On Feb. 3, a panel of Asian students came together at the Taylorsville Redwood Campus, sharing stories of what they’ve experienced as students at SLCC. These stories illustrated that challenges Asian students face are not far different from those that other, non-Asian students experience.
“We all come from different backgrounds, but we share similarities such as struggles with tests, writing, and financial [problems],” says SLCC student Htet Aung.
Asian Student Voices is part of a series organized by SLCC’s Multicultural Initiatives Department called The Student Voice Project, a program providing information about diverse multicultural experiences in an inviting and educational environment.
SLCC Associate Professor of Psychology Dr. Karen Kwan opened the discussion by notifying participants of the discussion’s intent – to hear directly from students about the challenges they have had to overcome in their college career, while also debunking some myths and stereotypes about Asian students.
Dr. Kwan asked five students to introduce themselves and talk about the motivations and challenges they have had while pursuing a college career at SLCC.
Aung, a Communication student at SLCC from Myanmar (Burma), who has been living in the United States for eight years now, says that the main reason why he decided to enroll at SLCC was the affordability and its academic environment.
“The cost of tuition is affordable and the small classes allow me to communicate better with professors,” Aung says.
Aung had to overcome the barrier of language to be able to succeed in school and make friends. At SLCC, he feels welcome and more comfortable participating in class and other extracurricular activities.
Hyng Kyung Moon, an international student from South Korea, has experienced struggles balancing the different roles in her life; being a mother, a wife, a worker and a student.
“I have to divide my time to [fulfill] all my responsibilities,” Moon says.
Moon has had to learn how to prioritize her different roles and find balance in her life while completing her degree in Fashion Design at SLCC.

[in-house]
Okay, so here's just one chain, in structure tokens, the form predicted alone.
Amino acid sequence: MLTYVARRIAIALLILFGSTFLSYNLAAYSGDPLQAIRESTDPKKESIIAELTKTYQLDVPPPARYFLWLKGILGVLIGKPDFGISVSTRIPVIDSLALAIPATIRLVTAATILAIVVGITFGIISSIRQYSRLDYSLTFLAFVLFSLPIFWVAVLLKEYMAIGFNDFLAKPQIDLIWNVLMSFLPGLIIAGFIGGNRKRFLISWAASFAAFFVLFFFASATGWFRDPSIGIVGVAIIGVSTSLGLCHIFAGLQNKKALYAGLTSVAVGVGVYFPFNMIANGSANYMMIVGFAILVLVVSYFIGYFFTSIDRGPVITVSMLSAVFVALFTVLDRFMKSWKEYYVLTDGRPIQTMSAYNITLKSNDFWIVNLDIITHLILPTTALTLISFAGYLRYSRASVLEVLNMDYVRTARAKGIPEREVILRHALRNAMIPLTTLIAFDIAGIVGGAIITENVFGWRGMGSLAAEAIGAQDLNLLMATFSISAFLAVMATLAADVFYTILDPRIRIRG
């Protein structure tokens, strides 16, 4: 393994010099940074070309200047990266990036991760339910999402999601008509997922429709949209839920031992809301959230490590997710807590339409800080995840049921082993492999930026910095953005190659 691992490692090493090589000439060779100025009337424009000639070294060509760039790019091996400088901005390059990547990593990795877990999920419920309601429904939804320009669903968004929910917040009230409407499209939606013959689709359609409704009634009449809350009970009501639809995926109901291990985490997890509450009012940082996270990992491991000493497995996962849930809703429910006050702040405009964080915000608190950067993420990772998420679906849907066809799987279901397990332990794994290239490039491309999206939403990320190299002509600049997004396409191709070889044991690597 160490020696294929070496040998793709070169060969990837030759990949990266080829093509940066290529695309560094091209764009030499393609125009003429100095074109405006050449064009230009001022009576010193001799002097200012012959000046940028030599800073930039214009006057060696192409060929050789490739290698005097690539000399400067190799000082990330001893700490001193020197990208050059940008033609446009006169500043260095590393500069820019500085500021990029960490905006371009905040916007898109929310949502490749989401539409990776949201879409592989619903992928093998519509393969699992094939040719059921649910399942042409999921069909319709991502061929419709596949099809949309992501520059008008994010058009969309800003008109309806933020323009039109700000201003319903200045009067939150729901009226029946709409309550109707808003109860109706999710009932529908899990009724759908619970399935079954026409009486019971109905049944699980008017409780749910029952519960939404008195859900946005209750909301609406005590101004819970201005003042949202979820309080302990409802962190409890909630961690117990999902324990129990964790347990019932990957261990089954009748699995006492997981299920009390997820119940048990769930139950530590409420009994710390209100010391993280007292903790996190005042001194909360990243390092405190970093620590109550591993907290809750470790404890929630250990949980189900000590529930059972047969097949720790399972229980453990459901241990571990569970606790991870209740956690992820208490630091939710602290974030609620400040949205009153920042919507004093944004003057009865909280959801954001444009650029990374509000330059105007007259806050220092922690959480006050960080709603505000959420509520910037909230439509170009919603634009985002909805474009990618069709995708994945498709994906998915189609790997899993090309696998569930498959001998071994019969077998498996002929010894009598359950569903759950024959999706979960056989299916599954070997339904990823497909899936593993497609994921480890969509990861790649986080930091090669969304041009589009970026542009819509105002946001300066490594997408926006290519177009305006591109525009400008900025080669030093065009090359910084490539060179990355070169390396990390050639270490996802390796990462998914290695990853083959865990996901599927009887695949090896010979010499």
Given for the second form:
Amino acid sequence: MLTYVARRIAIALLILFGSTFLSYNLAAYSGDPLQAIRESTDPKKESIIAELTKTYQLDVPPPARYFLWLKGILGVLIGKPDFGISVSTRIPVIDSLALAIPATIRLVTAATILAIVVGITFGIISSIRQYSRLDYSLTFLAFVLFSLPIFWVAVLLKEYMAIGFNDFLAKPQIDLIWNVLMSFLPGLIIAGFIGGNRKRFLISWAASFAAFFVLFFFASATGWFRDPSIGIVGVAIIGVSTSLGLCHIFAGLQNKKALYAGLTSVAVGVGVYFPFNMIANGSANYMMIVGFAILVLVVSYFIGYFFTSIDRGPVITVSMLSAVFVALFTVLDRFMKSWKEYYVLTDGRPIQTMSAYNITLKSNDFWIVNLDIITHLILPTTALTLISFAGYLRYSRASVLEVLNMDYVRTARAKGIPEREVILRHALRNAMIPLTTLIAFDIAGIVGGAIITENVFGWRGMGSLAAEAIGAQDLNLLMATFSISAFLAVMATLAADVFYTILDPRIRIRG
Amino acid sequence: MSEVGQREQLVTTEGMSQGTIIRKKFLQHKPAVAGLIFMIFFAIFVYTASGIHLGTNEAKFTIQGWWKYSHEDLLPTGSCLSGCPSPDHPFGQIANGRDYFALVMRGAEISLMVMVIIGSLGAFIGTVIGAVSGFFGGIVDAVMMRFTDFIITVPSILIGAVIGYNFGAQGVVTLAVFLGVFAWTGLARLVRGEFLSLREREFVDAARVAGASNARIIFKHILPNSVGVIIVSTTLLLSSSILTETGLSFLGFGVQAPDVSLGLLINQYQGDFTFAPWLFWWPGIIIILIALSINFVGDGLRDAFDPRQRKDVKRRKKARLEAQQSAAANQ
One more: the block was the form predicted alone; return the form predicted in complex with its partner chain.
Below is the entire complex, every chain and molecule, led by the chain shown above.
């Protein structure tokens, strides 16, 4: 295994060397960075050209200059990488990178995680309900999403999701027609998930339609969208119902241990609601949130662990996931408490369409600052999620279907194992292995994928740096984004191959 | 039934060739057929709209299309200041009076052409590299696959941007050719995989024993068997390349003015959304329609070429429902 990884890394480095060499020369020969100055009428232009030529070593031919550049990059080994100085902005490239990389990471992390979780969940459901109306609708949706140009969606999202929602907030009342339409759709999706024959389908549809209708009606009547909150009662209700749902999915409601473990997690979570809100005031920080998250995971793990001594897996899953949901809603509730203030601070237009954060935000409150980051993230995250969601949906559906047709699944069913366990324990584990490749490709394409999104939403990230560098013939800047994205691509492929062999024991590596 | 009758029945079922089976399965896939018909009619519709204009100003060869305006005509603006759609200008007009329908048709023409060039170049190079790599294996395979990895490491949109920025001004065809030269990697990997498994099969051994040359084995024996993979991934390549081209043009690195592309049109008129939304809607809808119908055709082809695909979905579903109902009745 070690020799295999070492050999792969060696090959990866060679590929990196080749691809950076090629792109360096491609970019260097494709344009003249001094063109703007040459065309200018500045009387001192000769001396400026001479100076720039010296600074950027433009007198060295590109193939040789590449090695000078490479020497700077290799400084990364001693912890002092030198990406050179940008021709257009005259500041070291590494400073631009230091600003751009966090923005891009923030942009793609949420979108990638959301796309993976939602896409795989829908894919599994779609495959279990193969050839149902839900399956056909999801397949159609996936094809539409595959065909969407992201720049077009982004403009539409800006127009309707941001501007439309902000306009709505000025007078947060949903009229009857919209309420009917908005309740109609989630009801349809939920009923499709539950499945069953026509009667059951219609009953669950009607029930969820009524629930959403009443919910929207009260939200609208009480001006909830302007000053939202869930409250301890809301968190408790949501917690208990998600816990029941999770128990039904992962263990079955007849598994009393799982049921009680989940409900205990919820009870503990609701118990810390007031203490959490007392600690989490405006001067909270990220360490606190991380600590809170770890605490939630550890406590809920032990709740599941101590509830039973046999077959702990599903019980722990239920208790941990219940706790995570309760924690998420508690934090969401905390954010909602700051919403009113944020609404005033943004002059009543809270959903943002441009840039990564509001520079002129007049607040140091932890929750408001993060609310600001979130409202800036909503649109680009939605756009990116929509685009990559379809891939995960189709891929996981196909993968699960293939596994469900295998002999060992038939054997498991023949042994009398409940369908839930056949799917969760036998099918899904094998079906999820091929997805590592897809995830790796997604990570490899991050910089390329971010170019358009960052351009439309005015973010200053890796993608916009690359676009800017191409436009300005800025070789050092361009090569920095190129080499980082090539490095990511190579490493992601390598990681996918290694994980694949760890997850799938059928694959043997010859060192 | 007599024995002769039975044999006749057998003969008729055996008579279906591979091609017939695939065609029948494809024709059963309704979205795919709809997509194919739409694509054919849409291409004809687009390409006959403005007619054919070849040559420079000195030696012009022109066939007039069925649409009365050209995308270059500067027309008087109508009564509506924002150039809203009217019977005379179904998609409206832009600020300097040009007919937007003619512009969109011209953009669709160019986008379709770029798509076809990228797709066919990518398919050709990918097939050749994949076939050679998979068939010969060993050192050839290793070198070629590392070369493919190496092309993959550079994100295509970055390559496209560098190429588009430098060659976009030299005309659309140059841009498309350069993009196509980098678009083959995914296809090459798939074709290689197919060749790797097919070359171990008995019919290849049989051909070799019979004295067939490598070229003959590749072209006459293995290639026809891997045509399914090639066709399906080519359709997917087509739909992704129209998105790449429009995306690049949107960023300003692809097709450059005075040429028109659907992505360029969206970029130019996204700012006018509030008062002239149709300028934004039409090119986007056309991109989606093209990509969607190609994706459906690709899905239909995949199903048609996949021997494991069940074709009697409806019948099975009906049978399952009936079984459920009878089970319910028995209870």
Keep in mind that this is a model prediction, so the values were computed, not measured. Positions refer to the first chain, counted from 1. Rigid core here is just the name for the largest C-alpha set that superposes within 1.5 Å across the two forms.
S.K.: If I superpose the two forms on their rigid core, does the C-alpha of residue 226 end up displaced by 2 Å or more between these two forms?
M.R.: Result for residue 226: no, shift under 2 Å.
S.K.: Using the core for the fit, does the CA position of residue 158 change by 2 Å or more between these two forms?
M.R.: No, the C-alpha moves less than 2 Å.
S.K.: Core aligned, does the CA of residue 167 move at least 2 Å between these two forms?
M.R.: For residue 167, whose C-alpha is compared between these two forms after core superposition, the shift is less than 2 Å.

Moon also had to overcome some cultural differences upon arriving in the US. In her culture, asking questions to professors is seen as challenging their authoritative position.
“It took me about two years to understand that asking questions to teachers was OK,” Moon says.
Vu Tran, a Psychology student at SLCC from Vietnam, says that he arrived in the U.S. when he was two years old.
“When I was growing up I faced bullying experiences,” Tran says. “Bullying is not good, but you have to surround yourself with positive experiences.”
Tran suggests that being an involved student will help anyone to grow as a person.
“Join a club, because it opens opportunities and give you access to information that will help you to succeed in your education,” says Tran.
Matthew Wong, raised in California by parents from China, says that he was attracted to SLCC because of the college’s exceptional instructors and the fact that some of his friends were already attending SLCC.
One of the biggest issues for Wong was dealing with stereotypes commonly attributed to Asians.
“All Asians are supposed to be smart,” Wong says about one stereotype he encounters.
Wong does not feel that he should exert vigorously to fulfill this or any other common stereotypical expectation.
He also expressed that some people have made him feel uncomfortable when they have said he is not a real Asian because he was born in the U.S. and not in China.
“I don’t feel I fall in those stereotypes,” Wong says. “I want to be me.”
Similarly to any other student, Wong, who is pursuing a degree in Architecture, makes his experience at SLCC enjoyable using all the college’s resources available to fulfill his dreams.
Justine Tabligan, a Nursing student at SLCC born in the Philippines, chose SLCC because she wanted to stay near home.
Although financial issues and challenging classes sometimes worry her, Tabligan has not allowed unfavorable circumstances to hinder her academic goals.
“We face challenges over time,” Tabligan says.
Although she didn’t qualify for Federal Student Aid, Tabligan has managed to find other economic resources to continue pursuing her degree.
These stories dispel stereotypes and myths about Asian students and illustrate that they are students with struggles, dreams and triumphs similar to any other typical college student.